The Shadows of Total War: Europe, East Asia, and the United States, 1919-1939

By Roger Chickering; Stig Förster | Go to book overview

17

Total Colonial Warfare
Ethiopia

GIULIA BROGINI KÜNZI

Like no other Italian city, Rome symbolized the Fascist experience. The past was evoked by a huge monument with the inscription "Mussolini Dux" near the sports center Foro Italico, and by a series of architectural reminders in the form of bombastic buildings, large avenues, and spacious squares, which formed an ideal background for military parades and mass meetings. Even the Italo-Ethiopian War of 1935–6 left its footprint in the old capital of the Impero dell'Africa Italiana. One of the famous Axumite monoliths, which dates from the fourth century, still stands next to the ruins of the Baths of Caracalla, although the Italian government has now promised to return it to Ethiopia as soon as possible. The obelisk was transported to Rome as a war trophy in 1937. Rome's northeastern districts also display reminders of colonial times. "Viale Eritrea," "viale Etiopia," "viale Somalia," "via Adua," "via Dessiè," "via Tembien," "via Endertà," and "Piazza Addis Abeba" all refer to geographical locations in eastern Africa, which were sites of major battles in the Italo-Ethiopian War.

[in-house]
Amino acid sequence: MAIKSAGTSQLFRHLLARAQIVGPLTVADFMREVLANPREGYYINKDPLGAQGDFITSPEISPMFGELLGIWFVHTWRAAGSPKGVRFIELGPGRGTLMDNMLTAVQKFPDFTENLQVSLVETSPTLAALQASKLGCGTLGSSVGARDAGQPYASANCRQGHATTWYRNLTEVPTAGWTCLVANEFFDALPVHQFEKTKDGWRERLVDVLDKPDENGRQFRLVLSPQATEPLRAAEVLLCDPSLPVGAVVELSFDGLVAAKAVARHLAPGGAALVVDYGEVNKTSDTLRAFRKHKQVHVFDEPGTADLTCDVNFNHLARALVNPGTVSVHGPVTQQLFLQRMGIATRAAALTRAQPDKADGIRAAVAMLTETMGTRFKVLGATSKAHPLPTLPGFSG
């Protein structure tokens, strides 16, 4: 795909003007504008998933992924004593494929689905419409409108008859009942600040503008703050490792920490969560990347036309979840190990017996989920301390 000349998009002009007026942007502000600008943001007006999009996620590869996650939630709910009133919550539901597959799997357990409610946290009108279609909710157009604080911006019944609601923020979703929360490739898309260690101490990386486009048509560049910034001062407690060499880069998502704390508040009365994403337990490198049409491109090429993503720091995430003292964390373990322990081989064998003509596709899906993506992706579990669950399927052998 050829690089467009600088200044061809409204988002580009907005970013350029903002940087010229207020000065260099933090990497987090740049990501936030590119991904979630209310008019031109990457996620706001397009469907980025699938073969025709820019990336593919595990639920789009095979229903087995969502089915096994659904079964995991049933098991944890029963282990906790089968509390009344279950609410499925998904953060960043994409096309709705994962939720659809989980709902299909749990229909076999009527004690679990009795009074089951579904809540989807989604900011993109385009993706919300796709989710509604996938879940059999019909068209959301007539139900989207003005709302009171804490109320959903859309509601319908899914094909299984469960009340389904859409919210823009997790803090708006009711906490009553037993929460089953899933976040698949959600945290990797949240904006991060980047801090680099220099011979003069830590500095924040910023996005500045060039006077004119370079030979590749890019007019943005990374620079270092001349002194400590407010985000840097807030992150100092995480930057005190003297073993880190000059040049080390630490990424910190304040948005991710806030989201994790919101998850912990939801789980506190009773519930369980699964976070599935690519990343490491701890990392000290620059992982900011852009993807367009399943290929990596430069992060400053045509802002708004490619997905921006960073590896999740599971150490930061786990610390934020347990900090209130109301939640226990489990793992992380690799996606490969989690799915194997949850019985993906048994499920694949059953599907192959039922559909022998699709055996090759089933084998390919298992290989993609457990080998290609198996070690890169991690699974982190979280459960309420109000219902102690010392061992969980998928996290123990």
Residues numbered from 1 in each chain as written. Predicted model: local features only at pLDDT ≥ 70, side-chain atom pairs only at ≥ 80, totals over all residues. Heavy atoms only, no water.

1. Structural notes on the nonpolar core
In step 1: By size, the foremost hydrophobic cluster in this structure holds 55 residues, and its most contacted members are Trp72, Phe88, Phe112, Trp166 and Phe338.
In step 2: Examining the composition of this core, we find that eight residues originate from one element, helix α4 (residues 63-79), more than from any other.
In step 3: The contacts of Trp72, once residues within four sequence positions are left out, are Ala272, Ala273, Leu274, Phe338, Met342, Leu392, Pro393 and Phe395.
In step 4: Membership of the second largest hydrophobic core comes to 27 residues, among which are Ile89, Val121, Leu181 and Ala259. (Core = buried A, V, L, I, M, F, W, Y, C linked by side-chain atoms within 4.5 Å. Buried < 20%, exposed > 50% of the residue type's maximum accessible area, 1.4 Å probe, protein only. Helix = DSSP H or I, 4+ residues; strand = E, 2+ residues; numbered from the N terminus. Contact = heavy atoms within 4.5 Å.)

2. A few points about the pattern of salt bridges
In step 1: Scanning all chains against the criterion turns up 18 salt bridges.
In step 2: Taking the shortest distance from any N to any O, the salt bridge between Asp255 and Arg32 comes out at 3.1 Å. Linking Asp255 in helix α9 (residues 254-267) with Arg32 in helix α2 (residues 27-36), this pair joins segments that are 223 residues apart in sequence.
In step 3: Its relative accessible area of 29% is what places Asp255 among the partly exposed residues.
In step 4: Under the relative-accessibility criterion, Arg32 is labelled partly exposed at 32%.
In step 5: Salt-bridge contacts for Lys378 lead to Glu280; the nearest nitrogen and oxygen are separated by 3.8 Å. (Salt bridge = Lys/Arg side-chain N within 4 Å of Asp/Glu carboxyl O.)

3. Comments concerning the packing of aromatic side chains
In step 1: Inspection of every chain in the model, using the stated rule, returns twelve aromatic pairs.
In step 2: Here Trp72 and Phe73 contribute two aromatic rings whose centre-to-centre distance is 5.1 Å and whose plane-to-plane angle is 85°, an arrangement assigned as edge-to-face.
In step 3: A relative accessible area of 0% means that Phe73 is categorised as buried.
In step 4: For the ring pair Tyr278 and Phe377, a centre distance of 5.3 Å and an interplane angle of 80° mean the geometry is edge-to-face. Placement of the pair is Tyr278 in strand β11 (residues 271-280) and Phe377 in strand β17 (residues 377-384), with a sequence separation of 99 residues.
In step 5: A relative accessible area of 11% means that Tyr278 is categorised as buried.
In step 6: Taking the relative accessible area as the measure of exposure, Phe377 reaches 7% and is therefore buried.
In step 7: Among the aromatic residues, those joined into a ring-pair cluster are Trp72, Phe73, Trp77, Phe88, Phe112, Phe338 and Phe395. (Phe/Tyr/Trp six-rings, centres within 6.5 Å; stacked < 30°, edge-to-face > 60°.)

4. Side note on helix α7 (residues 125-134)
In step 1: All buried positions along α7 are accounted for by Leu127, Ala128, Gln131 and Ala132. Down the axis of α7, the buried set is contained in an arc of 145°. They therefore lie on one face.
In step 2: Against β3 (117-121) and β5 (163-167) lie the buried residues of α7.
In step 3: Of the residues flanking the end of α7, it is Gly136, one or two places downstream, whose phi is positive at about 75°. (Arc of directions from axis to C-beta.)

Even though the signs of the colonial past are still manifest, historians and the general public have until recently suppressed memories of the ItaloEthiopian War.1 In contrast to the interwar commentary, Italian historiography has since 1945 been reticent about the Italian colonial experience and the colonial wars on the African continent, even though these conflicts had exercised a formative influence on the young nation-state for seventy-five years. The subject was long regarded as unworthy of mention. Defeat in World War II and the resulting loss of the Italian colonies as a status symbol led to this state of affairs.2 As a result, Italian historiography remained

1 Angelo Del Boca, "Il mancato dibattito sul colonialismo," in Angelo Del Boca, ed., L'Africa nella
coscienza degli italiani: Miti, memorie, errori, sconfitte
(Rome, 1992), 111–27.

2 The colony Africa Orientale Italiana (AOI) was founded in 1936 and comprised 1.73 million square
kilometers and 11.45 million inhabitants. With the addition of this territory to its other holdings in

-313-

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